Just across the river, the Santa Ana Church is also worth a stop. Dating from the 13th century, it is pretty, and a lovely example of Mudejar architecture – the style of the Moorish kingdoms largely still being designed and practiced by Muslims who remained in Spain after the reconquest.
You can also visit one of any number of monasteries in the city. The Monasterio de Santa Paula is known for both its amazing art collection and its incredible homemade jams for sale. Try the orange marmalade, made with Seville’s famous bitter oranges.
There are a ton of museums here, some of which are totally unique. So while there are basic art museums, history museums, and such, we will focus on the more unique experiences for tourists. (Do walk through María Luisa Park, though, to see the palatial facades of the museums there, built for the 1929 Exposition of the Americas.)
Just a pretty museum in a park
Make sure you visit the Archivo de Indias, the Archive of the Indies. A UNESCO World Heritage Site, it houses the archives of all of Spain’s voyages of discovery, and temporary exhibitions will show tiny portions of that amazing collection. When I was there, perhaps the best curated exhibit of its kind I have ever seen focused on the voyage of Magellan, with amazing documentation like the original crew list, the log with course settings, and diaries of some of the crew. I don’t know what is coming next, but if it is even half this good, it is a must-see.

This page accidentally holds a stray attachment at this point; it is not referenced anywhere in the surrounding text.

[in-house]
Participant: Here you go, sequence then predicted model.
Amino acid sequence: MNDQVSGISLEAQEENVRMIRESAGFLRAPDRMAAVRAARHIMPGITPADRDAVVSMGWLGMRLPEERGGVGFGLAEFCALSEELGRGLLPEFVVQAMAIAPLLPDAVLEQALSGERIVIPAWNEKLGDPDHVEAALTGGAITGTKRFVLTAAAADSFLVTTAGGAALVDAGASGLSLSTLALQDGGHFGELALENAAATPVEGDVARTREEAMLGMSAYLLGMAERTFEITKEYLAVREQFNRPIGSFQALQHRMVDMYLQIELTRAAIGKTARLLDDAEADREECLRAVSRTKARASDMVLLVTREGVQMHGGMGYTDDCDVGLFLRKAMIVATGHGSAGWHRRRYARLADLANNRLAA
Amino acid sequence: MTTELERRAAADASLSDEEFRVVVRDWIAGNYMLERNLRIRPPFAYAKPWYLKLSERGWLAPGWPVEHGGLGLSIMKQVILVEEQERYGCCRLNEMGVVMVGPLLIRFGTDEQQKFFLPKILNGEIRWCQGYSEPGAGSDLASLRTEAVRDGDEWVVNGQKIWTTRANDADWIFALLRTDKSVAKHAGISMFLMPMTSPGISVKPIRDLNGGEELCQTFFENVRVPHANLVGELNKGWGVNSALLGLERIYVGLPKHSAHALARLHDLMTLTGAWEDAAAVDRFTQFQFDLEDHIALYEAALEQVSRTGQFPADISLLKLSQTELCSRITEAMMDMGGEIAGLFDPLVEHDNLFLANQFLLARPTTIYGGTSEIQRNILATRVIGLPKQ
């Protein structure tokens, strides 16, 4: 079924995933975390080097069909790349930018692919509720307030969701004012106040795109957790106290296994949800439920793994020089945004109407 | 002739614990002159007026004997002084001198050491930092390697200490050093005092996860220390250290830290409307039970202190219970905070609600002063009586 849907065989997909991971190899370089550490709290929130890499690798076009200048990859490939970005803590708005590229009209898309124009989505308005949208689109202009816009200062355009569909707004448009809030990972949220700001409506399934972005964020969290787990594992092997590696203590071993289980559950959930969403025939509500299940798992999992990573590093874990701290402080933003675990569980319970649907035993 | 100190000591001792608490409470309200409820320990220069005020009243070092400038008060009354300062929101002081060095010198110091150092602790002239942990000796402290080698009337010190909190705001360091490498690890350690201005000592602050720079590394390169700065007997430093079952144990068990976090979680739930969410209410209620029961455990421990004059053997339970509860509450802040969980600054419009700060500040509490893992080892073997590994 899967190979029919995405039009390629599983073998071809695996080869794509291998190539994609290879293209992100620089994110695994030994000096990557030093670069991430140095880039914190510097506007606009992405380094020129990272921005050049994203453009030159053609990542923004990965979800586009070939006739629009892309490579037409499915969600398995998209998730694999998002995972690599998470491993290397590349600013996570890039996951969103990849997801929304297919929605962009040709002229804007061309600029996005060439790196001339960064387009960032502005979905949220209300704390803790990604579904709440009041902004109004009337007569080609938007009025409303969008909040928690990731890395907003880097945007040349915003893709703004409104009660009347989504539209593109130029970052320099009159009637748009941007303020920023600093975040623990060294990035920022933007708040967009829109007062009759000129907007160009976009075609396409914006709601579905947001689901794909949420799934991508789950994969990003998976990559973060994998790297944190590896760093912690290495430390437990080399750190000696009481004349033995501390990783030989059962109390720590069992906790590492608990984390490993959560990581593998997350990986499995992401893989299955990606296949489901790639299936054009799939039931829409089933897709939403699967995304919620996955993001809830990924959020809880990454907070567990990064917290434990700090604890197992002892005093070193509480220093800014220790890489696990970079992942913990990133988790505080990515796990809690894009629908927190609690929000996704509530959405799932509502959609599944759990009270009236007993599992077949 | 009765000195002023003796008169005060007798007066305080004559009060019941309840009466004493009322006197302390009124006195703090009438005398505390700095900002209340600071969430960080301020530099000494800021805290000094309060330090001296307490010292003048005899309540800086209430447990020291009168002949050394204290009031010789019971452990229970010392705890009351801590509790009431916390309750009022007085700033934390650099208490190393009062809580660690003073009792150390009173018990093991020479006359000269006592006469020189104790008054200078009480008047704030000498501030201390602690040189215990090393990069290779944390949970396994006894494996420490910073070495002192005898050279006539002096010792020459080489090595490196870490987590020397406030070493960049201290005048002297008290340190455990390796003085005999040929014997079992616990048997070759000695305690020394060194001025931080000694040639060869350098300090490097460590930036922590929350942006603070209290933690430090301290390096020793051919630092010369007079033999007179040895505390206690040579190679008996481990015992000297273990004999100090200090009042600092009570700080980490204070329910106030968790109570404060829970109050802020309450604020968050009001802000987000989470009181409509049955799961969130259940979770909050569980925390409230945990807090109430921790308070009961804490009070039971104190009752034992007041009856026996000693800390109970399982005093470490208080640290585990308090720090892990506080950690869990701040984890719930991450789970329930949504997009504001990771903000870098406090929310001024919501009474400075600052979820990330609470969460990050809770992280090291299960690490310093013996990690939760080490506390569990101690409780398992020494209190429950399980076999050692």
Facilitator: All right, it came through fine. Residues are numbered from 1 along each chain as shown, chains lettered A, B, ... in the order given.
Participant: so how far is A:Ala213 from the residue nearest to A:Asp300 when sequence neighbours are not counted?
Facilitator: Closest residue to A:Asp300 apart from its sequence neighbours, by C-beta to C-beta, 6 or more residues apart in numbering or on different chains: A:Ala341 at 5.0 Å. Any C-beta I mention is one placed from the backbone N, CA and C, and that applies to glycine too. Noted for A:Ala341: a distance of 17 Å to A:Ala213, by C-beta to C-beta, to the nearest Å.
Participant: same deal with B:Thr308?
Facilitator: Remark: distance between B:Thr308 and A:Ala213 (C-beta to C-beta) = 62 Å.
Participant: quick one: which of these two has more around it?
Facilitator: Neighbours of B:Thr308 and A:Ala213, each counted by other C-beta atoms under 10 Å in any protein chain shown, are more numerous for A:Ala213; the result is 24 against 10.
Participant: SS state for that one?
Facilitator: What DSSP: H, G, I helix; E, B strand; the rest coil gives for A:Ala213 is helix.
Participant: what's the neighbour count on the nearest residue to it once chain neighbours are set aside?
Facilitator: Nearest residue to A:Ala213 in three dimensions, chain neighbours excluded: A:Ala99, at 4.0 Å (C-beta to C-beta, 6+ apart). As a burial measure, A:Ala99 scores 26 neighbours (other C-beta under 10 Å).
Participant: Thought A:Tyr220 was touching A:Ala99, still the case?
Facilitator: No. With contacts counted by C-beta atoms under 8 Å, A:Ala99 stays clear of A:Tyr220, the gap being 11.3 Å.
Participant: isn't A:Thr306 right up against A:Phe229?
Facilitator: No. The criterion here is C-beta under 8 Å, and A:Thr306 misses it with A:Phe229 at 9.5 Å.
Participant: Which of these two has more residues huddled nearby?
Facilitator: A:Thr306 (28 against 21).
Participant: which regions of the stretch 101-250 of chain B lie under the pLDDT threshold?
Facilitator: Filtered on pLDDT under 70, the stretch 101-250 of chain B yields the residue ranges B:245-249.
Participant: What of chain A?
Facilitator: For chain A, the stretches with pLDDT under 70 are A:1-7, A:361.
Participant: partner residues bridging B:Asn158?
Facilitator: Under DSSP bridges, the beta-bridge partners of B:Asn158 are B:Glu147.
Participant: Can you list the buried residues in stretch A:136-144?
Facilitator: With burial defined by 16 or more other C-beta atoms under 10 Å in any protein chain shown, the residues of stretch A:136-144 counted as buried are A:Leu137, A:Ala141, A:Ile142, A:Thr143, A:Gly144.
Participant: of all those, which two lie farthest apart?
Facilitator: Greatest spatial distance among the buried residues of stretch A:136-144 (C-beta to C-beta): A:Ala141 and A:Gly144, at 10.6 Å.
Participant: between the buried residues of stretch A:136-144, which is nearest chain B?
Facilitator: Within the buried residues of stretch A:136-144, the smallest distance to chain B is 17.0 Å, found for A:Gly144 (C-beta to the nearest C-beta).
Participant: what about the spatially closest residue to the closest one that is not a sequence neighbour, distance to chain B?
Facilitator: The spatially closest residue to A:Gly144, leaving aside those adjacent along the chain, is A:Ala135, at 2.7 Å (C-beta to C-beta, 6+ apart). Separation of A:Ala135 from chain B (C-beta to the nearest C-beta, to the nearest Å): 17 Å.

The Magellan exhibition was one of the best I’ve ever seen!
Do you like religious art? If not, skip this, but if so, Seville has the largest collection of Spanish masters outside of the Prado in Madrid in its Fine Arts Museum.
Make sure to see flamenco in Seville.
If maritime history is your thing, the Torre del Oro houses a pretty cool museum focusing on Spain’s seafaring traditions, from the golden ages to today.
Other Cultural Gems
Like so much of Spain, Seville is home to a ton of lovely plazas. And then there is Plaza de Espana, the most impressive plaza I’ve ever seen, and maybe the most impressive public space of any sort. Check out the little details: the little alcoves highlighting each of Spain’s provinces, the busts of famous Spaniards, the tiles of kingdom coats of arms (Spain is made up of multiple formerly independent kingdoms). It is probably my favorite spot in the city.
Plaza de Espana. Just wow!
Standing in contrast to pretty much everything else in Seville, the Setas (or Mushrooms) is the largest wooden structure on the planet, and as modern as Seville is palatial. Don’t miss seeing it!
Totally not in sync with the city, the Setas is nonetheless stunning.
So much of Spain is worth seeing, but to visit without seeing Seville is to deny yourself the truly perfect Spanish cultural destination. Make sure to add it to your itinerary!